Civil service ban on contact with journalists without ministerial approval 'nail in coffin of open government'

The Government has been widely criticised for introducing new rules banning civil servants from speaking to the media without permission from a minister. (Picture: Shutterstock)

As reported on Wednesday, this week a change was inserted into the Civil Service Management Code saying: “All contacts with the media should be authorised in advance by the relevant Minister unless a specific delegation or dispensation has been agreed which may be for blocks of posts or areas of activities.

"The Civil Service Code applies to all such contacts. Civil Servants must at all times observe discretion and express comment with moderation, avoiding personal attacks.”

The move has been described by journalists as “a bid to cripple press freedom”, “draconian” and “bollocks”.

The Daily Mail’s editorial today described the move, which it blames on Cabinet Secretary Sir Jeremy Heywood, as “yet another nail [in] the coffin of open government”.

The Mail noted that Cabinet Office minister Francis Maude, who “is said to the even more enthusiastic about the gagging order than Sir Jeremy”, claimed that safeguards to protect “genuine” whistleblowers.

But the editorial said: “But can we believe him?

“Since the Leveson inquiry recommended that police officers should not be allowed informal contacts with journalists, there has been a chilling assault on freedom of expression across the public services.

“The key here is the word ‘public’. State employees do not serve Whitehall. Their duty is to the British people.

“Yet NHS workers, military personnel, police and prison officers have all faced criminal charges for raising legitimate concerns about misconduct within their organisations, and their journalistic contacts have been similarly hounded.”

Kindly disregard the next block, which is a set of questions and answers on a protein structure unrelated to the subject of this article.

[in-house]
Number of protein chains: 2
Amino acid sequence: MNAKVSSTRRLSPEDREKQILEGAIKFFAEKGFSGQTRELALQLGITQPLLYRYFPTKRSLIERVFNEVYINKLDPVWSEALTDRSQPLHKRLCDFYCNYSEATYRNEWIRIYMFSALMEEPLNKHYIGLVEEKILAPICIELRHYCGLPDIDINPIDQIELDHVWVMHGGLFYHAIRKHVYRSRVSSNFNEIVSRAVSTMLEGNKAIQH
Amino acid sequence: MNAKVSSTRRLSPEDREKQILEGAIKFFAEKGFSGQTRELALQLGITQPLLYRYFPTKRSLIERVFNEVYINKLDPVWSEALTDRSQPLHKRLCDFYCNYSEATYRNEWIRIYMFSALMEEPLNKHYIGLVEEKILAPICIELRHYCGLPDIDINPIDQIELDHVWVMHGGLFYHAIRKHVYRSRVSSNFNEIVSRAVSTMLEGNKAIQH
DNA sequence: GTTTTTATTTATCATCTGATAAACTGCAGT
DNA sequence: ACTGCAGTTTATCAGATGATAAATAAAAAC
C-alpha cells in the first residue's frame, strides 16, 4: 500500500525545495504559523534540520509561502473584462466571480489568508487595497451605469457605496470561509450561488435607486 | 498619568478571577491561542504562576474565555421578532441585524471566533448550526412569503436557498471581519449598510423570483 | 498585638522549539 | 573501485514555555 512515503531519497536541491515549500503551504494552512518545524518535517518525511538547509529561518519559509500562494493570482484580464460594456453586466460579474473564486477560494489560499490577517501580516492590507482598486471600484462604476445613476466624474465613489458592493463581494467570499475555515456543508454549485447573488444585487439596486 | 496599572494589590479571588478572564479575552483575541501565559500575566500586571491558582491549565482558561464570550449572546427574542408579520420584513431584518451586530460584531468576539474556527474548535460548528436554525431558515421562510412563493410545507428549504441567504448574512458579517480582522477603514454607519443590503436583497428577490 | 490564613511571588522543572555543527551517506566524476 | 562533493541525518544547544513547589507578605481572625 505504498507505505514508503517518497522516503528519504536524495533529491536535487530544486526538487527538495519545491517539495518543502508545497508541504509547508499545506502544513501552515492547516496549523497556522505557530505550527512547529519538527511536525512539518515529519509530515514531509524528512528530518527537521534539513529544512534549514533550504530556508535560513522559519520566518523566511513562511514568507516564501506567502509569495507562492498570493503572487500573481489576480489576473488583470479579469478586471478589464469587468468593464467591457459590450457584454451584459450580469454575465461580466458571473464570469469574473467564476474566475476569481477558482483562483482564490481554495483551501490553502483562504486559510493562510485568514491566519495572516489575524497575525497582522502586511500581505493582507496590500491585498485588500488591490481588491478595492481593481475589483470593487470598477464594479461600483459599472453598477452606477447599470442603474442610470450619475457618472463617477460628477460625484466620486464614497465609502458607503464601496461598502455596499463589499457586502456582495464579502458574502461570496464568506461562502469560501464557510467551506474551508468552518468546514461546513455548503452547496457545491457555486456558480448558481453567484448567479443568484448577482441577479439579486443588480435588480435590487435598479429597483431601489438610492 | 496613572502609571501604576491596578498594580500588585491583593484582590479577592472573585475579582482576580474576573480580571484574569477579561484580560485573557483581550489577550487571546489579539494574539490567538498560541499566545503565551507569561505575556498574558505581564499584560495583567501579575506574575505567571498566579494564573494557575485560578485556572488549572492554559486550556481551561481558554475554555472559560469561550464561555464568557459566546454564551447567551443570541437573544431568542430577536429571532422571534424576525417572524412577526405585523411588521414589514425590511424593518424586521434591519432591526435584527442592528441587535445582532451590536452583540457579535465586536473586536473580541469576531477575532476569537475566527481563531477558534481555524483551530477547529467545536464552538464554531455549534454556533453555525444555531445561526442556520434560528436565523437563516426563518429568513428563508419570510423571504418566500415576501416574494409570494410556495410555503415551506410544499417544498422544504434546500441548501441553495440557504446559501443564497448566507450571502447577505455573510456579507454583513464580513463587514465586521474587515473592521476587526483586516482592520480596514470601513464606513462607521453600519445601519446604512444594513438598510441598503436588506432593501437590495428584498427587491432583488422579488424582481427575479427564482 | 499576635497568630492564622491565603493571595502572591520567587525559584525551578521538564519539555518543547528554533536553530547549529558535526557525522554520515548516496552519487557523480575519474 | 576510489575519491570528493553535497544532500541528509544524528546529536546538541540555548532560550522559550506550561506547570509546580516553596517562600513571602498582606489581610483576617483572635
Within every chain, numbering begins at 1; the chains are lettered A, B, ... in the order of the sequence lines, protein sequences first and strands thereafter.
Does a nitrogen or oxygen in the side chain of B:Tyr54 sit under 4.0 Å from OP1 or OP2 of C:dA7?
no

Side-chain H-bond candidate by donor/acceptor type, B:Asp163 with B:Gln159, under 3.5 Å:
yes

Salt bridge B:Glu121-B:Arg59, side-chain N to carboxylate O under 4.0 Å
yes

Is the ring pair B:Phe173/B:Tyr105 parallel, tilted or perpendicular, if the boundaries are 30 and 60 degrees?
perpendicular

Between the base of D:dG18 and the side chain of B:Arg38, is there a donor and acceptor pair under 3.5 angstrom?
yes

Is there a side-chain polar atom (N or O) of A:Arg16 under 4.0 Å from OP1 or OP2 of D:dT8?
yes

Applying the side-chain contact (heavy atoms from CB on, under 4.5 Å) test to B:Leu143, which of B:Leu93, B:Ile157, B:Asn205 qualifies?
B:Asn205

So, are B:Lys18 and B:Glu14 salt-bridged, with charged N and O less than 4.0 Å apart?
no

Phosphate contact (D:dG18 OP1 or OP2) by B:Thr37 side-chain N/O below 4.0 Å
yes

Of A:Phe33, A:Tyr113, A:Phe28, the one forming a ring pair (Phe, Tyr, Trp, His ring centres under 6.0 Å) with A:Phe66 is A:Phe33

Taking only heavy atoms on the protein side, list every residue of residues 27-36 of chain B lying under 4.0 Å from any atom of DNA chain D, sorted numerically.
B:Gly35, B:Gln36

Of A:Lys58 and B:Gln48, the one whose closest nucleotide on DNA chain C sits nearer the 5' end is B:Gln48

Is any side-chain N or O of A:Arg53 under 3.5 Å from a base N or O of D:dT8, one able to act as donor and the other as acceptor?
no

The Mail added: “The MPs’ expenses scandal, child abuse in Rotherham, lethal failings at Mid-Staffs hospital and revelations of cruelty in care homes were all brought to light by whistleblowers and Britain’s free Press.

“David Cameron showed scant regard for freedom of expression when he set up the Leveson inquiry which subjected the press to a grotesque show trial.

“He could go some way to making amends by revoking this authoritarian edict.”

The Mail also today quotes Margaret Hodge, chair of the Commons Public Accounts Committee, as saying: “You don’t want to encourage briefing against ministers, or criticising people behind their backs…

“But the more openness, the more understanding people have of the way government works, the better.”

Tory MP Charlotte Leslie and civil service union representatives have also spoken out against the code change.

Meanwhile, several journalists hit out at the Government over the ban when Press Gazette reported the story on Wednesday.  A selection of the reaction tweets are below.

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